Open communication involves discussing the elephants in the room and having hard conversations in a kind way that harms no one and is beneficial to everyone in the long run.
Social responsibility acknowledges that we are either part of the problem or part of the solution. If we are bystanders to unethical behavior, we are part of the problem.
When we are socially responsible, we step up and recognize that we are responsible for the existing group norms. Through social responsibility, we can truly work towards healing and social justice.
In the Sanctuary model, democracy refers to the importance of listening to everyone’s voice, especially those who will be most impacted by a decision. Democracy is about voice and choice, empowerment, and ensuring people are heard.
Growth & Change
Finally, growth and change are inherent parts of the trauma-informed model. When we value growth and change, we acknowledge that where we are right now is not perfect.
There are all ways that we can grow as individuals. If we believe that we have no more growing to do or that we cannot change, then we cannot truly commit ourselves to trauma-informed work.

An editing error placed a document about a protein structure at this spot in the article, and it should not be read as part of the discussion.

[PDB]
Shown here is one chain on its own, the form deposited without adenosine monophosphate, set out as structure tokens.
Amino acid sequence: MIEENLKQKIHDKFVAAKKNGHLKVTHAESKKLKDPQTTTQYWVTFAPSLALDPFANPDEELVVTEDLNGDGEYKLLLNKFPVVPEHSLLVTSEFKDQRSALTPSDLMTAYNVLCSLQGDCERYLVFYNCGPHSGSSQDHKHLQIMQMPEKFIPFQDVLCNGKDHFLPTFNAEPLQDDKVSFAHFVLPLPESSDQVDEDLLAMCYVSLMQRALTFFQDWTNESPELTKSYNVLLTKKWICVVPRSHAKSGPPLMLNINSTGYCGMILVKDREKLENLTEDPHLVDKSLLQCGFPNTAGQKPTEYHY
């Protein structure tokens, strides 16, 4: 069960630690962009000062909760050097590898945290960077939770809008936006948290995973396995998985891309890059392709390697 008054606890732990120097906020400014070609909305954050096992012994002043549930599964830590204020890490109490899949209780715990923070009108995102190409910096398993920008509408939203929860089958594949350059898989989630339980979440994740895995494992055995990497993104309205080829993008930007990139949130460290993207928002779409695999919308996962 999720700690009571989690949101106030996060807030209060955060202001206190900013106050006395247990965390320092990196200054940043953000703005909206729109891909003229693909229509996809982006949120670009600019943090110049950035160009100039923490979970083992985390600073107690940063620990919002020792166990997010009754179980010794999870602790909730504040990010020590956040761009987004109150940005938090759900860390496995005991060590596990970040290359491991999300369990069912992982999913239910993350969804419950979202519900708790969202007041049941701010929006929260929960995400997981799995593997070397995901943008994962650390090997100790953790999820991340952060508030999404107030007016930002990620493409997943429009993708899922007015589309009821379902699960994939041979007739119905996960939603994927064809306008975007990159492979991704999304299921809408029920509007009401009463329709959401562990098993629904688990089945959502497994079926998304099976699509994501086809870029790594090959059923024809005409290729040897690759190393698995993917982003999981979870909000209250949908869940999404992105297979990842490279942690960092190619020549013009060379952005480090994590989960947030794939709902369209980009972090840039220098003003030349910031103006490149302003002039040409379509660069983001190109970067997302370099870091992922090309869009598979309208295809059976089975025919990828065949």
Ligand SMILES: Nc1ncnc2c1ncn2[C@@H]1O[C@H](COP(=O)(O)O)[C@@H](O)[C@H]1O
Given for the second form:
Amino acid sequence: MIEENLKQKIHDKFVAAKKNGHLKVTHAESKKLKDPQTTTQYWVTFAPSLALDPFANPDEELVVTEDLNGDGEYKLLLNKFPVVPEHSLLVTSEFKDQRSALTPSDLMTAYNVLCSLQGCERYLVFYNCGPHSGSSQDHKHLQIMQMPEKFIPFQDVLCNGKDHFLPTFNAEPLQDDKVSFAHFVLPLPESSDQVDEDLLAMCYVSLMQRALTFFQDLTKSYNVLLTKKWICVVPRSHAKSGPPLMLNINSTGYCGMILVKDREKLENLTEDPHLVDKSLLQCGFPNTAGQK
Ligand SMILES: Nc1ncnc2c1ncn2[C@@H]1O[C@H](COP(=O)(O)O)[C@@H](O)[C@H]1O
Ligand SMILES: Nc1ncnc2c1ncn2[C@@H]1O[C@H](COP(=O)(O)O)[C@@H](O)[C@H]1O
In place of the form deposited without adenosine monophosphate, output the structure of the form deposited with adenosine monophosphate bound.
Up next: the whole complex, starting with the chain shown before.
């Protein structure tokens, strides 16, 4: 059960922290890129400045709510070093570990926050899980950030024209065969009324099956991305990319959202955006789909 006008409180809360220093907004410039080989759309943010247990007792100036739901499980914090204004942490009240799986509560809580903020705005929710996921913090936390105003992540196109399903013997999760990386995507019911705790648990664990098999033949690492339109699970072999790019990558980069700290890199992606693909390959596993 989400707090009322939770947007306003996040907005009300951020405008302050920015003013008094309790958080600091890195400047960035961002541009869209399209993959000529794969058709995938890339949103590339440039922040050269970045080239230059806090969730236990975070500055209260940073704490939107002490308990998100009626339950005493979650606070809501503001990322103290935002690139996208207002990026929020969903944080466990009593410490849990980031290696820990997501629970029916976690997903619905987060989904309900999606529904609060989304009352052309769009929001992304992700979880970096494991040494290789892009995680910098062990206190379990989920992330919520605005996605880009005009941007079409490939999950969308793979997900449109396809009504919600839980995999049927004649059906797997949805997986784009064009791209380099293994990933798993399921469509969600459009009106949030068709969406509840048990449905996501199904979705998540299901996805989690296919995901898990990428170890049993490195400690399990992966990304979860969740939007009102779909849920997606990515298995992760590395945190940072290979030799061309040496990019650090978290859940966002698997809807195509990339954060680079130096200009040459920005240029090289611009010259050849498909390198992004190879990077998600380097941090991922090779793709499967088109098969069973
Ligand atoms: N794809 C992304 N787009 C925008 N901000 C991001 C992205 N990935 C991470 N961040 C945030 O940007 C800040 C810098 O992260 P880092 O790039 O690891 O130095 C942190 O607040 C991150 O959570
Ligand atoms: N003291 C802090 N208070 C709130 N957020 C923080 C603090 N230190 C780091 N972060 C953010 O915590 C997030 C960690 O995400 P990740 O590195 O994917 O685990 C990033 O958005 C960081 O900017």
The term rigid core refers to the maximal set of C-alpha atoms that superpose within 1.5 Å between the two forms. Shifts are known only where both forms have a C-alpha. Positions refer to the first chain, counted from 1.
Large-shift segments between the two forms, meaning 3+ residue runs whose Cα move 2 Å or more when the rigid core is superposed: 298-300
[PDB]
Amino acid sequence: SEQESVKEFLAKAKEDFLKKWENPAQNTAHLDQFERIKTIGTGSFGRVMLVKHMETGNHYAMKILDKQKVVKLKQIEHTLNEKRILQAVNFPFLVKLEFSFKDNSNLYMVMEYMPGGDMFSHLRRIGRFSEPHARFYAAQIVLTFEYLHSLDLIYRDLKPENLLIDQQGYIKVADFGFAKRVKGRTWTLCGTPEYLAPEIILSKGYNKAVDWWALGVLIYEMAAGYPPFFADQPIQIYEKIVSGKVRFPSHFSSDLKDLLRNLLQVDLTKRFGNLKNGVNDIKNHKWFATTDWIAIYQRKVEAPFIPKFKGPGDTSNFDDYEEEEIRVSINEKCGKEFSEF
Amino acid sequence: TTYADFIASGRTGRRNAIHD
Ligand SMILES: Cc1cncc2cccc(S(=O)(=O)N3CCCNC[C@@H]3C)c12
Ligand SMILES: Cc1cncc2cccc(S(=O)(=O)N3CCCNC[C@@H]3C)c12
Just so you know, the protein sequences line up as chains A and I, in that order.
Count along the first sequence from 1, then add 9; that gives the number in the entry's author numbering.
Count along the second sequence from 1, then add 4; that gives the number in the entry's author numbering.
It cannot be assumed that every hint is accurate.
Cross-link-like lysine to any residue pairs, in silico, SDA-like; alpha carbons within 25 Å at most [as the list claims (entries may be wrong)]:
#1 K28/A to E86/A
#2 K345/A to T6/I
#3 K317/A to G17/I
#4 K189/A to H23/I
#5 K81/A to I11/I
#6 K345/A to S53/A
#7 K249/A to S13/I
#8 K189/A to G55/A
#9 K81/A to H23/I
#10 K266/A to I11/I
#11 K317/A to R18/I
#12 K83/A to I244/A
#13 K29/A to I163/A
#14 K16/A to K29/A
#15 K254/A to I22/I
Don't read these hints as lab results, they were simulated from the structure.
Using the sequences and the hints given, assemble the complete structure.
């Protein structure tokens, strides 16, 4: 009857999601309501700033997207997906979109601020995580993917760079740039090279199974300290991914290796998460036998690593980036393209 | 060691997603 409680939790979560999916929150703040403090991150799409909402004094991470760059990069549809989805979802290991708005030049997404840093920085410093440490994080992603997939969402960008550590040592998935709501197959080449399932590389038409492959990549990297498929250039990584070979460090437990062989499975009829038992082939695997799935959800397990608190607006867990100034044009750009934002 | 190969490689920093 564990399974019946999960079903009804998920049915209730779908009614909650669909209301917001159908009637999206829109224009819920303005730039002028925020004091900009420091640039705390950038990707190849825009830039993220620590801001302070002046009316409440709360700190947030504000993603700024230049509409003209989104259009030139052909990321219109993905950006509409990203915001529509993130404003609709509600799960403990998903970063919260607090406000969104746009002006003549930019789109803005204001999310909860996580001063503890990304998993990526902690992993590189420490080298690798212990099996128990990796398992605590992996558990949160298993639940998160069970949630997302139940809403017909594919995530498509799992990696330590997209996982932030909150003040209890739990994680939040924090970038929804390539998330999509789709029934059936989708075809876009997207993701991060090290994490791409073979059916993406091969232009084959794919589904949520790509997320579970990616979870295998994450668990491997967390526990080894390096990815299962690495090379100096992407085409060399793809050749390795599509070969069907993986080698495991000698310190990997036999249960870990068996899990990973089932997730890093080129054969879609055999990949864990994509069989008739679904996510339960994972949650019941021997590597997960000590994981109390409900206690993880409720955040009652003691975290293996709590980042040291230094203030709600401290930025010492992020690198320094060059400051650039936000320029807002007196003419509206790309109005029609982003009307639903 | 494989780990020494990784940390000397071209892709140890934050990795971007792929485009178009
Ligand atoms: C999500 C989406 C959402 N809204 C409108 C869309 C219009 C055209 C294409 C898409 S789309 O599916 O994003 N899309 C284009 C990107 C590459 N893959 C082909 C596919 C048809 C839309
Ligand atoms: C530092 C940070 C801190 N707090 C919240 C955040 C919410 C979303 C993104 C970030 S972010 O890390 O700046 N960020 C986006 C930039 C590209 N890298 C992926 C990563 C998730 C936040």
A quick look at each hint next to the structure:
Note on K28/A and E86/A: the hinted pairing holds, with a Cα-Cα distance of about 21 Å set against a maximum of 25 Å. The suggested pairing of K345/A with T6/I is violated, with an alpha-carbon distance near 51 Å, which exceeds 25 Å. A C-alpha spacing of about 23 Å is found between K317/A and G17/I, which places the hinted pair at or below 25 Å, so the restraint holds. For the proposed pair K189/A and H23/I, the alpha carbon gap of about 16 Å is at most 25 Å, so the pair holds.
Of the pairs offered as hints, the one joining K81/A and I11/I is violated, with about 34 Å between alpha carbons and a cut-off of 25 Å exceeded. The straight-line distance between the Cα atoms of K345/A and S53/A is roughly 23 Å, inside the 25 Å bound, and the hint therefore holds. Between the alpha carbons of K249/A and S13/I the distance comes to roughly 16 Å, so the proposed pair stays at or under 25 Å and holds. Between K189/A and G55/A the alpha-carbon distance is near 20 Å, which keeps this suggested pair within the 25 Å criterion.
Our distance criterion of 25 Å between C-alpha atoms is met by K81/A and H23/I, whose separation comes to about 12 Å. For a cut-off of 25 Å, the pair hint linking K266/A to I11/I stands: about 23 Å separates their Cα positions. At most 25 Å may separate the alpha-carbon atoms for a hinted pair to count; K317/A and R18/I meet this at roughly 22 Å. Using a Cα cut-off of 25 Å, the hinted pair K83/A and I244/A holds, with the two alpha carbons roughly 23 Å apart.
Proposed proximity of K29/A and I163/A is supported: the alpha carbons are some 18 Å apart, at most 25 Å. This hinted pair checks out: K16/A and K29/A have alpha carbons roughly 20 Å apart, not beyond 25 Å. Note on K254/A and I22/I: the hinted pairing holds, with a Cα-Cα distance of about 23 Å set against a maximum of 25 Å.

Modifying existing models to fit your organization
While most organizations will adopt one of these two standard models for trauma-informed values, it is possible to adapt these values to reflect your organization's specific needs and mission.
However, it’s important to remember that not all values can be trauma-informed. For example, if an organization is willing to prioritize its bottom line of making a profit over the lives of the people it employs and impacts, its existing mission will never align with trauma-informed values. In order to implement trauma-informed practices in an organization like this, major reform surrounding the organization’s mission and identity must take place.
Final Thoughts: Learn more during Intentional Conversations
On paper, these trauma-informed values look and sound great. However, they can feel much harder to adopt when you’re doing the work in real-time.
If you have questions about trauma-informed values, a problem that you’re working through, or insight you’d like to share with your community, drop into Intentional Conversations, a free and open trauma-informed space led by an expert facilitator. We’d love to see you there!